Tag Archives: faculty

Alofsin Archive: Student Materials and Professional Work

Hello again, this is Processing Archivist Kathleen Carter with more information on progress of the Alofsin archive.

As the processing of this collection comes to a close (things are nearly complete!) I’ve been at work on two standout areas of the collection: Anthony Alofsin’s student work from his years studying architecture at Harvard University and Columbia University and his professional work as an architect. In step with materials I’ve already processed, both contain a wealth of information and a large number of stunning visual materials. These are also the areas of the collection that contain the largest number of drawings by Alofsin, which currently fill a flat file cabinet.

A model Alofsin made for his coursework while a student at Harvard University in 1978
A model Alofsin made for his coursework while a student at Harvard University in 1978

Alofsin attended the Harvard Graduate School of Design (GSD) from 1978-1981 and began researching the history of the GSD and design pedagogy there (which eventually led to his book on the history of the GSD, The Struggle for Modernism, published in 2002). The archive includes his course notes and design work, including architectural sketches and drawings and a model built as one of his first projects for the school. The Alofsin archive also includes notes and work created during his time at the Department of Art History and Archaeology at Columbia University, where he received Master of Philosophy and Ph.D. degrees. It was there that Alofsin began his research on Frank Lloyd Wright, and his doctoral dissertation was on Wright’s connections to Europe.

Notebook containing course notes for a Design course that Alofsin took at the Harvard Graduate School of Design
Notebook containing course notes for a Design course that Alofsin took at the Harvard Graduate School of Design
Notebook containing course notes for a Romanesque Architecture class Alofsin took at Columbia University
Notebook containing course notes for a Romanesque Architecture class Alofsin took at Columbia University

After completing his education and in addition to his teaching position with the School of Architecture at The University of Texas at Austin, Alofsin worked professionally as an architect. He designed his own residences, including a house and condominium in Austin, Texas, in addition to building homes for clients. This year he was named a Fellow of the American Institute of Architects (FAIA), the highest membership honor reserved for architects who have made substantial contributions to the field.

Plans for the Rogers Residence
Plans for the Rogers Residence by Alofsin in 2008

Architectural plans as well as reports and documentation from every stage of the design process are included in the Alofsin archive. As with previous materials, I have carefully rehoused and inventoried all of the materials regarding Alofsin’s professional work. Both his student work and his professional work are organized and have been described in the finding aid of the collection to be available to researchers.

Photos of Alofsin's personal home in Austin, TX, which he designed
Photos of Alofsin’s personal home in Austin, TX, which he designed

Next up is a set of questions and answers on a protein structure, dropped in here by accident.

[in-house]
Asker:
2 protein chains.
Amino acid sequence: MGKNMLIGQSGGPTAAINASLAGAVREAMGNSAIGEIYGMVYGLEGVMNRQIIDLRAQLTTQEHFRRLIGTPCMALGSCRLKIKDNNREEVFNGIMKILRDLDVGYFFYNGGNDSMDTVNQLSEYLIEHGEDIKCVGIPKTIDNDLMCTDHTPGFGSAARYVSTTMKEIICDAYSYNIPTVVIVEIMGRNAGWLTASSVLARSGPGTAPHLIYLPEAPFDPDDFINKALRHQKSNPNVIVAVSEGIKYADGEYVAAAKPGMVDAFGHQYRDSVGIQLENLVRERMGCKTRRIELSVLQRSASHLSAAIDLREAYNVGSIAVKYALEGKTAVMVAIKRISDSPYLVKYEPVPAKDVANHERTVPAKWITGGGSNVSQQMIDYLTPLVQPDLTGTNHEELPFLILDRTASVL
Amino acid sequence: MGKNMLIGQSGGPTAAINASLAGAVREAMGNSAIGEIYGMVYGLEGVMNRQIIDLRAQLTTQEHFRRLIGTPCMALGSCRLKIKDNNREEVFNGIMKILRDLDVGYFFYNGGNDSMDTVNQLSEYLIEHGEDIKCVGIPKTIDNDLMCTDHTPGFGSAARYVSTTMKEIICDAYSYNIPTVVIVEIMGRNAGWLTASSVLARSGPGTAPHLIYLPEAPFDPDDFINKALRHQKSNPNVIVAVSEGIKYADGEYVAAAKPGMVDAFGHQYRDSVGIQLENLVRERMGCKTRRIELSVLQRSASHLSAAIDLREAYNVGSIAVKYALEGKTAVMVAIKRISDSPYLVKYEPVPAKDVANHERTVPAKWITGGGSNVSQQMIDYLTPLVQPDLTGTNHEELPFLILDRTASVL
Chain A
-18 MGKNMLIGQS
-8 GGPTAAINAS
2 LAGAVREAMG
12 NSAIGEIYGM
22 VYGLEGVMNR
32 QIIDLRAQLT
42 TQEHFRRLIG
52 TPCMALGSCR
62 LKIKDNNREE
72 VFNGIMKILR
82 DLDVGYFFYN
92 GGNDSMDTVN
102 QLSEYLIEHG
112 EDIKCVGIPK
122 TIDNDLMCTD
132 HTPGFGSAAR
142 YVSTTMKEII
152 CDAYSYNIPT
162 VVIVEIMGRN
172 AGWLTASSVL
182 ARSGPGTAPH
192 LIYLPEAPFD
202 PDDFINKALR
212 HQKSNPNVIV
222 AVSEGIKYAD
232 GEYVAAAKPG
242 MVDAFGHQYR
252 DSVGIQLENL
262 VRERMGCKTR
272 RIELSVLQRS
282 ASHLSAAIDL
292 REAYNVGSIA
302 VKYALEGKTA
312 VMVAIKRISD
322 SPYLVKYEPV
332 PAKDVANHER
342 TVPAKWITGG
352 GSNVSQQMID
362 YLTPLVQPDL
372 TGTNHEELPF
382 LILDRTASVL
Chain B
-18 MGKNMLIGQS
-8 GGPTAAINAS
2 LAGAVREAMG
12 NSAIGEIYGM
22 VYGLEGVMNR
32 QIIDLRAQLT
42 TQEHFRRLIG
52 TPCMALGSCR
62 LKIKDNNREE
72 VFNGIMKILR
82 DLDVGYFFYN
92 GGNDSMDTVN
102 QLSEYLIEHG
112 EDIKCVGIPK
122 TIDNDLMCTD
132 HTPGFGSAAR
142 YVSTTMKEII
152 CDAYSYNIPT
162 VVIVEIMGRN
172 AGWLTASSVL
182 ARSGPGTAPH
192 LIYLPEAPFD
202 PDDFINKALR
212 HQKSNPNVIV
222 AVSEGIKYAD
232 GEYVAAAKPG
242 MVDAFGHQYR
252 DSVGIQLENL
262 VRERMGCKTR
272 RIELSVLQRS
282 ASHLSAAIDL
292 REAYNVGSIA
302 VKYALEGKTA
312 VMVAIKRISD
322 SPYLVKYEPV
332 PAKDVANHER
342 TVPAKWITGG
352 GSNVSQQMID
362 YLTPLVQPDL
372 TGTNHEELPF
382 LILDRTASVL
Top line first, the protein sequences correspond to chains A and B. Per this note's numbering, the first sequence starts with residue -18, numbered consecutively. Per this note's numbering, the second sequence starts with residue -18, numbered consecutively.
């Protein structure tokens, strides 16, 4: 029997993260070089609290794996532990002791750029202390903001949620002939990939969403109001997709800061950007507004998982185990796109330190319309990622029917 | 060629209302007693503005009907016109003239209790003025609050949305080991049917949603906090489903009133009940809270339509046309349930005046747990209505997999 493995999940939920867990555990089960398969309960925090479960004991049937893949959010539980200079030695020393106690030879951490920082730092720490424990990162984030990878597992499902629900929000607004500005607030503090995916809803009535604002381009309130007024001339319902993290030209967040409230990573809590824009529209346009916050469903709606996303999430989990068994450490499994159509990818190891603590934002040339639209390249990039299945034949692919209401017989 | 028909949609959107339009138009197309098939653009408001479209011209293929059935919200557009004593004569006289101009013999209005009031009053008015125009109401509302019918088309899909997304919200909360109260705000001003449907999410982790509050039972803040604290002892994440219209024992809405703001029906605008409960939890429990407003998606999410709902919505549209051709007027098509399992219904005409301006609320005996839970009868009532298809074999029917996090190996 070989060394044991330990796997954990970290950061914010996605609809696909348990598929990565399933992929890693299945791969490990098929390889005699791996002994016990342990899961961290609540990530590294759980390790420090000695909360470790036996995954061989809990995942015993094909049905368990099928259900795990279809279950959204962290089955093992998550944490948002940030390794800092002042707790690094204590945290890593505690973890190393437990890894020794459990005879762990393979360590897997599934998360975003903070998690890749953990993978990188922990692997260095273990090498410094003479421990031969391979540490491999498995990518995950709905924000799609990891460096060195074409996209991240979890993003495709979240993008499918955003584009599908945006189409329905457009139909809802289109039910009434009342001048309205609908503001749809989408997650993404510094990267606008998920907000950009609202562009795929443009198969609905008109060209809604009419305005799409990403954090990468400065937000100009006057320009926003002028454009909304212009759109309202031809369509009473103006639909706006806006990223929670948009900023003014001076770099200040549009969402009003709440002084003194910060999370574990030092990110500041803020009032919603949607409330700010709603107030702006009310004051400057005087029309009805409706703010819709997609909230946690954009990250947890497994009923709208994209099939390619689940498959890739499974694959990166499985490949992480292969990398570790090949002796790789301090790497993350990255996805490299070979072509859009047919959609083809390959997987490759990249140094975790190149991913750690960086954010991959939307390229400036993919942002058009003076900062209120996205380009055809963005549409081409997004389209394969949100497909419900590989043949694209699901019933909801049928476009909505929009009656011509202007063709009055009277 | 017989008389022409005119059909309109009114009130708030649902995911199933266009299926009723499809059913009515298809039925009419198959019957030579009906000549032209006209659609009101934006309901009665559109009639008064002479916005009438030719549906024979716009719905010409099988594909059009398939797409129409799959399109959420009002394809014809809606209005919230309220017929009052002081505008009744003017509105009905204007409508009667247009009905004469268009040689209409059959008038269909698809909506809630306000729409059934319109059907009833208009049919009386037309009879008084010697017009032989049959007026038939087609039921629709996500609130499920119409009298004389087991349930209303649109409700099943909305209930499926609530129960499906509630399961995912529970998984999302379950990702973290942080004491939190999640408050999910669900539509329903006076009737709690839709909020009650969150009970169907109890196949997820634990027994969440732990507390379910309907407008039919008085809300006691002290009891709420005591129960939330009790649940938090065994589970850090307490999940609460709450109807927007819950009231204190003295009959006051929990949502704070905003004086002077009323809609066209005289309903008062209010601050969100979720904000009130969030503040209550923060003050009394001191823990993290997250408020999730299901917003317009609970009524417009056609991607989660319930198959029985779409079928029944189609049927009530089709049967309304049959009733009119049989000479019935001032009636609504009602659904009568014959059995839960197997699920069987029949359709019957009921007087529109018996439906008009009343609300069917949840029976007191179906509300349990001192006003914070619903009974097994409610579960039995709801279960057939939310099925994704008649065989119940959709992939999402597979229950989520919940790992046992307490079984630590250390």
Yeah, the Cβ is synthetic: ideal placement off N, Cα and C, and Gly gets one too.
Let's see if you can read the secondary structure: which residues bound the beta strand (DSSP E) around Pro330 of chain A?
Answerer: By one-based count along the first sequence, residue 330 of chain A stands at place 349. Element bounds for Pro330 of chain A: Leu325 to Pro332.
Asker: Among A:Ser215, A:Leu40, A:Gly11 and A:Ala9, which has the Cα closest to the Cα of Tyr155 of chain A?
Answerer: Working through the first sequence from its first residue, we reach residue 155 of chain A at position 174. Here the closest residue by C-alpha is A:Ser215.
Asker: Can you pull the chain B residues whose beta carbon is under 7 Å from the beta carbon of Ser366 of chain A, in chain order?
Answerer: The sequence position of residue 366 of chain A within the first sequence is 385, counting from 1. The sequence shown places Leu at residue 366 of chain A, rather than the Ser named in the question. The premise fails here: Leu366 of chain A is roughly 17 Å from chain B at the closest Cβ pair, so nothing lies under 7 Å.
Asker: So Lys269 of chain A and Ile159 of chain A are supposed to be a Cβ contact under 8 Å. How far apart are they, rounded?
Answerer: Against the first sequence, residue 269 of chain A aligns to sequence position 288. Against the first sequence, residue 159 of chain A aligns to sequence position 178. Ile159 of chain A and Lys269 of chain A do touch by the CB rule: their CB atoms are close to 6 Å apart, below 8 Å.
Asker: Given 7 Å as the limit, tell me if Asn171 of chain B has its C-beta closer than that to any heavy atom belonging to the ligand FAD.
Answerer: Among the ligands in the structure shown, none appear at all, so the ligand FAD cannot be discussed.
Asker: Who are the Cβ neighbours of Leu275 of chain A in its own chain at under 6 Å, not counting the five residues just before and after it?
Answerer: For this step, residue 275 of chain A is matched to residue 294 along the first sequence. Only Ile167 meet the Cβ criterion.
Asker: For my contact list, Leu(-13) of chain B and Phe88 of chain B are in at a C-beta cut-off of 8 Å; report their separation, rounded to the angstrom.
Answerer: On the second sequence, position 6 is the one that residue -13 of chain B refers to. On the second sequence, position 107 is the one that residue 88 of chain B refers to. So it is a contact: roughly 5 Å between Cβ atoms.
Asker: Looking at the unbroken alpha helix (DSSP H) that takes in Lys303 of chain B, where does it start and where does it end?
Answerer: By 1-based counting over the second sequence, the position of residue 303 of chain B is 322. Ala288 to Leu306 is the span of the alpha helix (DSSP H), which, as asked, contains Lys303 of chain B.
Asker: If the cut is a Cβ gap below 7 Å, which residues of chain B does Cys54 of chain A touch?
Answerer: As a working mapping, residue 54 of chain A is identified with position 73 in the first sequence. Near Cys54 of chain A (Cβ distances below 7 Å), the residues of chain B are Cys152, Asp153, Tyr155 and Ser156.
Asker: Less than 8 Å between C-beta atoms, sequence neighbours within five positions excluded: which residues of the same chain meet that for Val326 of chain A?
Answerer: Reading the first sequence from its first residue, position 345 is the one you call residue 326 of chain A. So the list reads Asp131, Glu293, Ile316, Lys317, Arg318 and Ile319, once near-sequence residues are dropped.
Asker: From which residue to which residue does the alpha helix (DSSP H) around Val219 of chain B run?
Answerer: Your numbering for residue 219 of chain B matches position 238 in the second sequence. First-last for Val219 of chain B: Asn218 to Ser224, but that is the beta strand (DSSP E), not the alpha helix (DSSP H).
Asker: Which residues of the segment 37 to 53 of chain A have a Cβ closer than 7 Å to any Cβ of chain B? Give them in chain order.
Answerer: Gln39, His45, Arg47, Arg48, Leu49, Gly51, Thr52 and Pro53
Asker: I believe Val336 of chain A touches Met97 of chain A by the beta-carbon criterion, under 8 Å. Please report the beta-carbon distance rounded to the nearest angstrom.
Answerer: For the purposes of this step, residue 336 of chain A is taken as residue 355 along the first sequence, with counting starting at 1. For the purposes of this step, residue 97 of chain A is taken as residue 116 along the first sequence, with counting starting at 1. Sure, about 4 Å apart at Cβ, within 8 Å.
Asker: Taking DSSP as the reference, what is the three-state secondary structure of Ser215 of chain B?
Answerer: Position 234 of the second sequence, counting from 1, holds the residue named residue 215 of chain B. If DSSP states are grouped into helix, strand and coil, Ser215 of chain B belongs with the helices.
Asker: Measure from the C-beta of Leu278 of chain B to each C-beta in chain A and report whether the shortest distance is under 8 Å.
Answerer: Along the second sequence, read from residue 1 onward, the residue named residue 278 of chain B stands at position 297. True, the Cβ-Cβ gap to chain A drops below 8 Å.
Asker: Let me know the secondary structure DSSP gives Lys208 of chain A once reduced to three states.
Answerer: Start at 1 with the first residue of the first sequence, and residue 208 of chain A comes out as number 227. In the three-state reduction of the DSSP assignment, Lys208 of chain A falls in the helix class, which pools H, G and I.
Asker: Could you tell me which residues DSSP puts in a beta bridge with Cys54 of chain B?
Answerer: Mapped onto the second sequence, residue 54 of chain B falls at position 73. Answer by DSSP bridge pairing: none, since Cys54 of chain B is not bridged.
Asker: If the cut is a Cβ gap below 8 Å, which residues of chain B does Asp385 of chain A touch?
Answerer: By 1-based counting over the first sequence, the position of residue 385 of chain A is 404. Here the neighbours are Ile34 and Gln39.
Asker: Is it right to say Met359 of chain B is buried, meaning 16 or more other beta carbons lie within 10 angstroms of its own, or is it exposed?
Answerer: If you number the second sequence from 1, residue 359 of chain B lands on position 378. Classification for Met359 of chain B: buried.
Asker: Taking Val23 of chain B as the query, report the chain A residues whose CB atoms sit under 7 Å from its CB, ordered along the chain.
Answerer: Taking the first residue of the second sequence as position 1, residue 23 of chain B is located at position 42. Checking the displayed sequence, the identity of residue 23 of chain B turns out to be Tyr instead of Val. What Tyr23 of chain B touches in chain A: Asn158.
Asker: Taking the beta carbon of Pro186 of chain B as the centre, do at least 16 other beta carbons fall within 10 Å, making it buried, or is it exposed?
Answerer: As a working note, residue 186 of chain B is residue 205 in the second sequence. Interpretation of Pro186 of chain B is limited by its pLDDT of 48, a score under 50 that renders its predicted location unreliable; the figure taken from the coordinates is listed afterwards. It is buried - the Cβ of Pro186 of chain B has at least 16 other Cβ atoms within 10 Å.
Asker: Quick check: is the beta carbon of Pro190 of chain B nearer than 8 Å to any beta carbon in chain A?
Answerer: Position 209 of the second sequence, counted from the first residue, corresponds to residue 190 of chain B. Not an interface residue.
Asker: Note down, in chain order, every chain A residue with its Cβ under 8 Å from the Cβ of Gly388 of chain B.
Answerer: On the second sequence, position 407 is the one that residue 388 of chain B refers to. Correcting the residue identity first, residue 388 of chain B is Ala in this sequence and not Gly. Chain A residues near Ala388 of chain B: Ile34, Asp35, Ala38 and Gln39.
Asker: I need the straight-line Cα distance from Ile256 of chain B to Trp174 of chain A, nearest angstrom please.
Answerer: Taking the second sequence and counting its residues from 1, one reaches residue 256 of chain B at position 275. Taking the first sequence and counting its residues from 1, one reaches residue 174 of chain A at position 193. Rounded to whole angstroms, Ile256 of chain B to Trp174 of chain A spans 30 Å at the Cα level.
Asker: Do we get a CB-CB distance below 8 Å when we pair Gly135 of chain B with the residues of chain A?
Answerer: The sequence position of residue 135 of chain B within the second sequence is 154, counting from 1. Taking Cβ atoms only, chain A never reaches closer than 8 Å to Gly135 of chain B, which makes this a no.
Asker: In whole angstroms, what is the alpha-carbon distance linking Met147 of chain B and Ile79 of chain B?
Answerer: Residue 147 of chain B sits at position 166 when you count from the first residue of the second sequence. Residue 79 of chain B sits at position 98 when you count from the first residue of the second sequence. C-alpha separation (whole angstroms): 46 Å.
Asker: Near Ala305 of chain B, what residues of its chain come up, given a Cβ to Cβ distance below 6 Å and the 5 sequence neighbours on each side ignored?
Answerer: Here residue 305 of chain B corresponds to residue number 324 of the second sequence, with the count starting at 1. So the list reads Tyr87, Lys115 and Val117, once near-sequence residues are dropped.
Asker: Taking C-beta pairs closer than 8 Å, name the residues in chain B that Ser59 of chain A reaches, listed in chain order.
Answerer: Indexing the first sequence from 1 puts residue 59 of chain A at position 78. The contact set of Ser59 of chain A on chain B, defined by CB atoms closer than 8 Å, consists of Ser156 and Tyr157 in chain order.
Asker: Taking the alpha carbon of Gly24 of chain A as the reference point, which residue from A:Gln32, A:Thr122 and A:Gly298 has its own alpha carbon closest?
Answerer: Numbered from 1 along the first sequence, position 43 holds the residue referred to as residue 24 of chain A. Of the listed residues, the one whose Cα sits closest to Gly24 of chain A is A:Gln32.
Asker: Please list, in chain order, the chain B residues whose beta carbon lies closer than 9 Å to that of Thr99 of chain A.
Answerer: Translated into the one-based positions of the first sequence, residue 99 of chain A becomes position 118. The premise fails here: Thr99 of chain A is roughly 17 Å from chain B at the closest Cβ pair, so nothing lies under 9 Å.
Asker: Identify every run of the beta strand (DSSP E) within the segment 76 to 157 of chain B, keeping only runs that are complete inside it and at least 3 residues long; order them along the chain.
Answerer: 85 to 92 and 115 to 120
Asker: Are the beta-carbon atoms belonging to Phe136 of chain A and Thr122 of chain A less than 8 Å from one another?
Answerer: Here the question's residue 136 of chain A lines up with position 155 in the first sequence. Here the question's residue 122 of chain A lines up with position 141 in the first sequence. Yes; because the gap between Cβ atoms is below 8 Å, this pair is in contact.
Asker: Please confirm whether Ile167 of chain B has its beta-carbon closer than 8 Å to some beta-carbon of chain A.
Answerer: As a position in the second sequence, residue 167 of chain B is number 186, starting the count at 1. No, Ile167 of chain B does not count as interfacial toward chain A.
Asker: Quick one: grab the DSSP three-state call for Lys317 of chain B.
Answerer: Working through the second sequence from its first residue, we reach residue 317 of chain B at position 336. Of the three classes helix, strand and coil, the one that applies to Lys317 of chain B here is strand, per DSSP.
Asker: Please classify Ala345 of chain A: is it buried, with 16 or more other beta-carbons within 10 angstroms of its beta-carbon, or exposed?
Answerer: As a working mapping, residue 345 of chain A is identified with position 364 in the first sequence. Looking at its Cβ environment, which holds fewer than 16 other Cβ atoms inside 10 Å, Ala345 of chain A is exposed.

With these parts of the archive rehoused and inventoried, the project is getting close to completion! Remaining are some of Alofsin’s personal correspondence and administrative documents from his work as professor with the School of Architecture.

Alofsin Archive: Course Materials

The original carousels that housed all of the lecture slides, now empty
The original carousels that housed all of the lecture slides, now empty

Hello, I’m Kathleen Carter and this is another post documenting my work processing the Anthony Alfosin archive.

As discussed in previous blog posts, Dr. Anthony Alofsin is a prolific writer. He is also an accomplished professor. So with all of his research and manuscripts carefully inventoried and rehoused, I’ve now moved onto another area of the Alofin archive: the course materials.

Dr. Alofsin has taught at The University of Texas at Austin since 1987 where he was instrumental in founding the School of Architecture’s Ph.D. program and has offered many courses over his career. Materials from these courses, especially from the architectural survey courses that provided overviews and comparisons of architecture from around the world and throughout history, are included in the papers that he donated to the Alexander Architectural Archive. Though some of these courses are no longer taught, the Alofsin archive contains their lecture notes, reading materials, syllabi, and many, many 35 mm slides used for lectures – 2,415 to be exact!

Slides from the Survey III course that Alofsin taught in their new housing
Slides from the Survey III course that Alofsin taught in their new housing

The slides include stunning images of architecture from around the world and provided the visual accompaniment for Alofsin’s survey courses on the history of architecture. A big part of processing this portion of the collection was rehousing all of them – each of the 43 carousels took an average of about twenty minutes to completely rehouse, which added up!

All of the slides were kept in slide carousels organized by each individual lecture, still arranged in the order that they were used in the class. While this was great for seeing exactly how the slides fit into Alofsin’s lectures, each carousel took up a great deal of space and wasn’t the best environment for the long-term storage and preservation of these slides. For their well-being, I carefully removed each from its carousel and (while maintaining their order) rehoused them into archival boxes. Here they will be more easily accessible and safe while still remaining in the context that Alofsin used them in the courses that he taught for the School of Architecture.

One of the five boxes now containing all 2,414 lecture slides
One of the five boxes now containing all 2,414 lecture slides